Despite the still fragile housing market, Fannie Mae
expects housing starts to triple by 2013.
According to the agency's economic outlook, housing starts are predicted to increase 17.3% and hit 710,000 this year, with another 47% increase to 1.1 million in 2012 and another gain of 42% in 2013 to nearly 1.5 million.
In 2010, there were about 510,000 housing starts.
"We expect a small rise in home sales this year, but significant amounts of supply and shadow inventory of expected foreclosures will continue to hamper a robust housing picture for some time," said Doug Duncan, Fannie Mae's chief economist.
The government-sponsored enterprise projects total sales of new and existing homes to climb 4.5% in 2011 to 5.43 million, following an estimated decline of 6% for 2010 to about 5.2 million from 5.53 million for 2009.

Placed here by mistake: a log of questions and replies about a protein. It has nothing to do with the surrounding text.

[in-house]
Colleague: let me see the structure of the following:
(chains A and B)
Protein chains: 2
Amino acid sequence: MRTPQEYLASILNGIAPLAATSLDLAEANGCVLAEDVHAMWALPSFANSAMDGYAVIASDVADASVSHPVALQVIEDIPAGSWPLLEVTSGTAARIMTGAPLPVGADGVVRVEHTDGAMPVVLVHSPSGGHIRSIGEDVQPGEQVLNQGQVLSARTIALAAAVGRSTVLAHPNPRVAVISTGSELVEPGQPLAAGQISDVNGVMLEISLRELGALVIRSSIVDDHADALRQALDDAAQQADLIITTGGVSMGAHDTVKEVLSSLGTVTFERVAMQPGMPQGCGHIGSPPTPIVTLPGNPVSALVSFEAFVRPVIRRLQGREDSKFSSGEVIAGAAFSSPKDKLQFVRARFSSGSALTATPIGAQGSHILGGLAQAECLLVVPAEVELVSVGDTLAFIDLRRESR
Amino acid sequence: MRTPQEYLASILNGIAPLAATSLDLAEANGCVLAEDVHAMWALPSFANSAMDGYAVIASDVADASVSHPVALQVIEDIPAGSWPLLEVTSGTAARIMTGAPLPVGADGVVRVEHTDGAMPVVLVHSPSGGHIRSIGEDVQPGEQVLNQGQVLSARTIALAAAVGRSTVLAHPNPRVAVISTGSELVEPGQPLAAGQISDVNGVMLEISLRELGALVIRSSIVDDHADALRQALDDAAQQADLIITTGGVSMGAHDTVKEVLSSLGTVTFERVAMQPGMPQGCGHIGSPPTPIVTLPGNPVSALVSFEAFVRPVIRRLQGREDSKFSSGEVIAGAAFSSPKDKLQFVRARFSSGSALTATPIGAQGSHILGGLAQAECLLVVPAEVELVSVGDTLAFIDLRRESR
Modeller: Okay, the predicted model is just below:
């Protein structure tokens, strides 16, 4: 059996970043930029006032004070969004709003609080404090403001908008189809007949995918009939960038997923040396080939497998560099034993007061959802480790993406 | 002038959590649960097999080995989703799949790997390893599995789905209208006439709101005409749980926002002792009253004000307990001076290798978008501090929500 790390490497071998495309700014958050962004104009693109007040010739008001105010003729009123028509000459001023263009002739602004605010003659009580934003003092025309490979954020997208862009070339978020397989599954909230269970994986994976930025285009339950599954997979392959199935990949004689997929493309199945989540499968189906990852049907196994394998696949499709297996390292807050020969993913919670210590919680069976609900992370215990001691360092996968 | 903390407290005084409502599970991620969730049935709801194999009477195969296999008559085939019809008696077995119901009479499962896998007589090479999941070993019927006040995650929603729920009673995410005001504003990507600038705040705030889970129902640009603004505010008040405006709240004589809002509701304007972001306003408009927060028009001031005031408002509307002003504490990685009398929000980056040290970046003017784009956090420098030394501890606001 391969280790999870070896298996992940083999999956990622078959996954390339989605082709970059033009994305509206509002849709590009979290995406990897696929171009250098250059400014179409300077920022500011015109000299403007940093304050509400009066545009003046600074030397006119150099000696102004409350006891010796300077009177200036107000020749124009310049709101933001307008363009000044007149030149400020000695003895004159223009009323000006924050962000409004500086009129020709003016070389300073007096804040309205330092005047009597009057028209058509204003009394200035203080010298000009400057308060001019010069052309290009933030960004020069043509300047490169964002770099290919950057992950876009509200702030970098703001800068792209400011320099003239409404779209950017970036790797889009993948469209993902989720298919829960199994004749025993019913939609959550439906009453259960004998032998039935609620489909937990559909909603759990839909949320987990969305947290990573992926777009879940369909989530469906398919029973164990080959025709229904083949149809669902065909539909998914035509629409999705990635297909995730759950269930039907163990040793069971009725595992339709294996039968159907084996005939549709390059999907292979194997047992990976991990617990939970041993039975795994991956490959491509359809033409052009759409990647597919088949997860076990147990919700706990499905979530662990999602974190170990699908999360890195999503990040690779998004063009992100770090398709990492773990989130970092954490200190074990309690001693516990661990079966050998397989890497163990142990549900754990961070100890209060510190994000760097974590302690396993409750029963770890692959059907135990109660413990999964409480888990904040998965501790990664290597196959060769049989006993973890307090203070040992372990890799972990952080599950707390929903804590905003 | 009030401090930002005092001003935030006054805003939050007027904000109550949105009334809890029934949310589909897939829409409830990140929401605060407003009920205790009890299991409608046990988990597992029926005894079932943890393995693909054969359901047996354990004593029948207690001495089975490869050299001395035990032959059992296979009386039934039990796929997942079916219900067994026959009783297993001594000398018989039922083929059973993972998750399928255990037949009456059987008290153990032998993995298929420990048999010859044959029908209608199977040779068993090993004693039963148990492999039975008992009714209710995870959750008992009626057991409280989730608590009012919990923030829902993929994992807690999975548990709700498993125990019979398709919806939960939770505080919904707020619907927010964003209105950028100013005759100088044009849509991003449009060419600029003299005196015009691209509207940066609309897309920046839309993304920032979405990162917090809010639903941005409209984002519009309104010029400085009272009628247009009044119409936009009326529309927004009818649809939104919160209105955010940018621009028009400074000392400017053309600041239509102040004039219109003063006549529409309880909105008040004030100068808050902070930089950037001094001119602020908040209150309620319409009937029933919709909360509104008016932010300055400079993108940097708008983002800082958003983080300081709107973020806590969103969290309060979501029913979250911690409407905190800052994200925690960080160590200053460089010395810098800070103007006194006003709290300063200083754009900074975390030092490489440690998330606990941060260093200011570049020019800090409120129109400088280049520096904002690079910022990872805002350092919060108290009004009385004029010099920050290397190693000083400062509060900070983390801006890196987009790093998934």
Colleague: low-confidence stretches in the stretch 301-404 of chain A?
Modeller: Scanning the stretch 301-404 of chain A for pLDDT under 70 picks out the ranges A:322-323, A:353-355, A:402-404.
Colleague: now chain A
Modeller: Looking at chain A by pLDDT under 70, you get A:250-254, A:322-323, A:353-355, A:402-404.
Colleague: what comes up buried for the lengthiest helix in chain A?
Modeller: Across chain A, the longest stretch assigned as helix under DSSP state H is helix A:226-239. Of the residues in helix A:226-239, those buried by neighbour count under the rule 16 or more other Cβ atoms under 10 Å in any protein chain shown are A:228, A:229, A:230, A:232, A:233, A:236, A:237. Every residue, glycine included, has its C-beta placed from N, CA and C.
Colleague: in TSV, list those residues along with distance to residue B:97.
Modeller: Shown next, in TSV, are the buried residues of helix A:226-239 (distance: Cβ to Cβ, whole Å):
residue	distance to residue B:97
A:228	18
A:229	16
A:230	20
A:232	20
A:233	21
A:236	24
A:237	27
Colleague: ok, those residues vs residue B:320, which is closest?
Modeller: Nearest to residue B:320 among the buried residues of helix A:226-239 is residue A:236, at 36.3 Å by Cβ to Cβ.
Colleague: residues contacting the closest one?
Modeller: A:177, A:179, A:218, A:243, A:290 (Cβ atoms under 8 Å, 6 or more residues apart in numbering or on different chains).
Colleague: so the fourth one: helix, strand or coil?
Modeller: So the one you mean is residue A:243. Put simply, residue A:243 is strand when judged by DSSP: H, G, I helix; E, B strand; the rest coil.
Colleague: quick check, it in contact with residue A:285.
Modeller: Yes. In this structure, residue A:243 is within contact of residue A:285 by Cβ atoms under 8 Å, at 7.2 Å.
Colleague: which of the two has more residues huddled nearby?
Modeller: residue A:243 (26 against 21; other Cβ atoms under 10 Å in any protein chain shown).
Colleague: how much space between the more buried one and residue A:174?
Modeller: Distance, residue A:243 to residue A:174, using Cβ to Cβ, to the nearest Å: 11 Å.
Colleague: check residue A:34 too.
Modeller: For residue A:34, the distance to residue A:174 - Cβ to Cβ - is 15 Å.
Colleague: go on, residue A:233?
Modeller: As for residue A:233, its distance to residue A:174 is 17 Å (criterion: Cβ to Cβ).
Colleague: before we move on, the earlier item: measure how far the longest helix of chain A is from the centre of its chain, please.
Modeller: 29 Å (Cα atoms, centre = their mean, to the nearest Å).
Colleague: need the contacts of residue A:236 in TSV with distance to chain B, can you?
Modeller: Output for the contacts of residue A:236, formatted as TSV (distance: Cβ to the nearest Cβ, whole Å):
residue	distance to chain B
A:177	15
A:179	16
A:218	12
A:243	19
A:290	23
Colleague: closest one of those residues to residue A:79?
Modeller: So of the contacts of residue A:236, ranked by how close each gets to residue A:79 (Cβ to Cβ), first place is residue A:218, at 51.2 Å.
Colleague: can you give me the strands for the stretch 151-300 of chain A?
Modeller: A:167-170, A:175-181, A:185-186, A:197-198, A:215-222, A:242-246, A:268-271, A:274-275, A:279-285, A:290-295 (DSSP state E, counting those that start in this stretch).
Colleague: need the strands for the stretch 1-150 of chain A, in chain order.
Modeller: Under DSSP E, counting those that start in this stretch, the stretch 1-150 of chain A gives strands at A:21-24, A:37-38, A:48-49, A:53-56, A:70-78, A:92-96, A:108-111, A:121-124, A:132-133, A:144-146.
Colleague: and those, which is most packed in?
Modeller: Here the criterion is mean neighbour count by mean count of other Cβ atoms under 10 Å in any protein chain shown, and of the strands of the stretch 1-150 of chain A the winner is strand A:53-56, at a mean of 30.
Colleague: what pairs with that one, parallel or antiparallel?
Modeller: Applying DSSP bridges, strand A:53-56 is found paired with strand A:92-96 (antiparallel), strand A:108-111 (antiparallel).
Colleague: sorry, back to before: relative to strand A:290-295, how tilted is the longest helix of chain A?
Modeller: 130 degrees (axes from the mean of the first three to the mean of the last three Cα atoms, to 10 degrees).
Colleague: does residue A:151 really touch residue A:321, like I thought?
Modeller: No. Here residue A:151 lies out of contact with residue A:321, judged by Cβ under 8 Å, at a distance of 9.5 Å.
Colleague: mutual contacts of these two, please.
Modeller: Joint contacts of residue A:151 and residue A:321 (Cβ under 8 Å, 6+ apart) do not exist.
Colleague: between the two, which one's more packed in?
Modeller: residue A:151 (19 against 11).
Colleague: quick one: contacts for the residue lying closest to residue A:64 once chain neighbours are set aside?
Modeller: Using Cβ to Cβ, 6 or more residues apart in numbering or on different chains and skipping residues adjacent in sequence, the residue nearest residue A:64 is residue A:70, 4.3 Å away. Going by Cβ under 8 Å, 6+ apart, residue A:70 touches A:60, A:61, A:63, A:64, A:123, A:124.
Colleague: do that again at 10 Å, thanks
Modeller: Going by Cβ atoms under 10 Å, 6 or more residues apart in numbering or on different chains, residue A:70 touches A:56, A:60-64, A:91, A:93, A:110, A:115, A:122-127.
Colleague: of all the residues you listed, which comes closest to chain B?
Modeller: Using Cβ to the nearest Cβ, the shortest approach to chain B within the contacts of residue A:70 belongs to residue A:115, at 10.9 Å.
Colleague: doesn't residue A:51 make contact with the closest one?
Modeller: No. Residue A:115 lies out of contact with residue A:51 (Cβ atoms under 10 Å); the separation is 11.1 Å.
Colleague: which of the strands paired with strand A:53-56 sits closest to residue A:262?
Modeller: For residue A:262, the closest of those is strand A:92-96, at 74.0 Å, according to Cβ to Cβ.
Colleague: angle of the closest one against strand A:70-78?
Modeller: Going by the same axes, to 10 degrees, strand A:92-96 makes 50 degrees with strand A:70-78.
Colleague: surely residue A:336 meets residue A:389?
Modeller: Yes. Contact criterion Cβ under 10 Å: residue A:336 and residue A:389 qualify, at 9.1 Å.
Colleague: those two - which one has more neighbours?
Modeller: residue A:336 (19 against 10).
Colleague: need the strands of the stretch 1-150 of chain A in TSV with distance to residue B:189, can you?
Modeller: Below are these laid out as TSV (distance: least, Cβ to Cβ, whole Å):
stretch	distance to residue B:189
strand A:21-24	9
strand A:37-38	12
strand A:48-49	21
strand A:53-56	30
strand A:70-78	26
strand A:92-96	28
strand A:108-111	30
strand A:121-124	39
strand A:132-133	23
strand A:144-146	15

Mortgage originations will drop to $1.04 trillion this year from $1.53 trillion last year. Fannie Mae also expects mortgage rates will increase in 2011, but not substantially.
"Fixed mortgage rates are projected to rise throughout the year, but to remain below 5.5%," the report said. "Larger increases in mortgage rates without corresponding acceleration in job gains would pose a risk to the housing recovery."
The median new home price in 2011 is expected to drop, as is the median existing home sale price, down 2.1% to $214,500 and 2.1% to $167,900, respectively.
Fannie Mae expects the U.S. economy to "accelerate and sustain" above-par and less volatile growth in 2011 based on increased consumer spending and growing clarity concerning fiscal policy.
According to the agency's economic outlook, Fannie Mae anticipates the economy to grow by 3.6% this year with consumer and business spending leading the way. This prediction was revised upward from 2.8% in December.
"The economy has regained momentum entering 2011 and we see significant improvement in the economy's ability to grow compared to 2010," said Duncan.
Write to Christine Ricciardi
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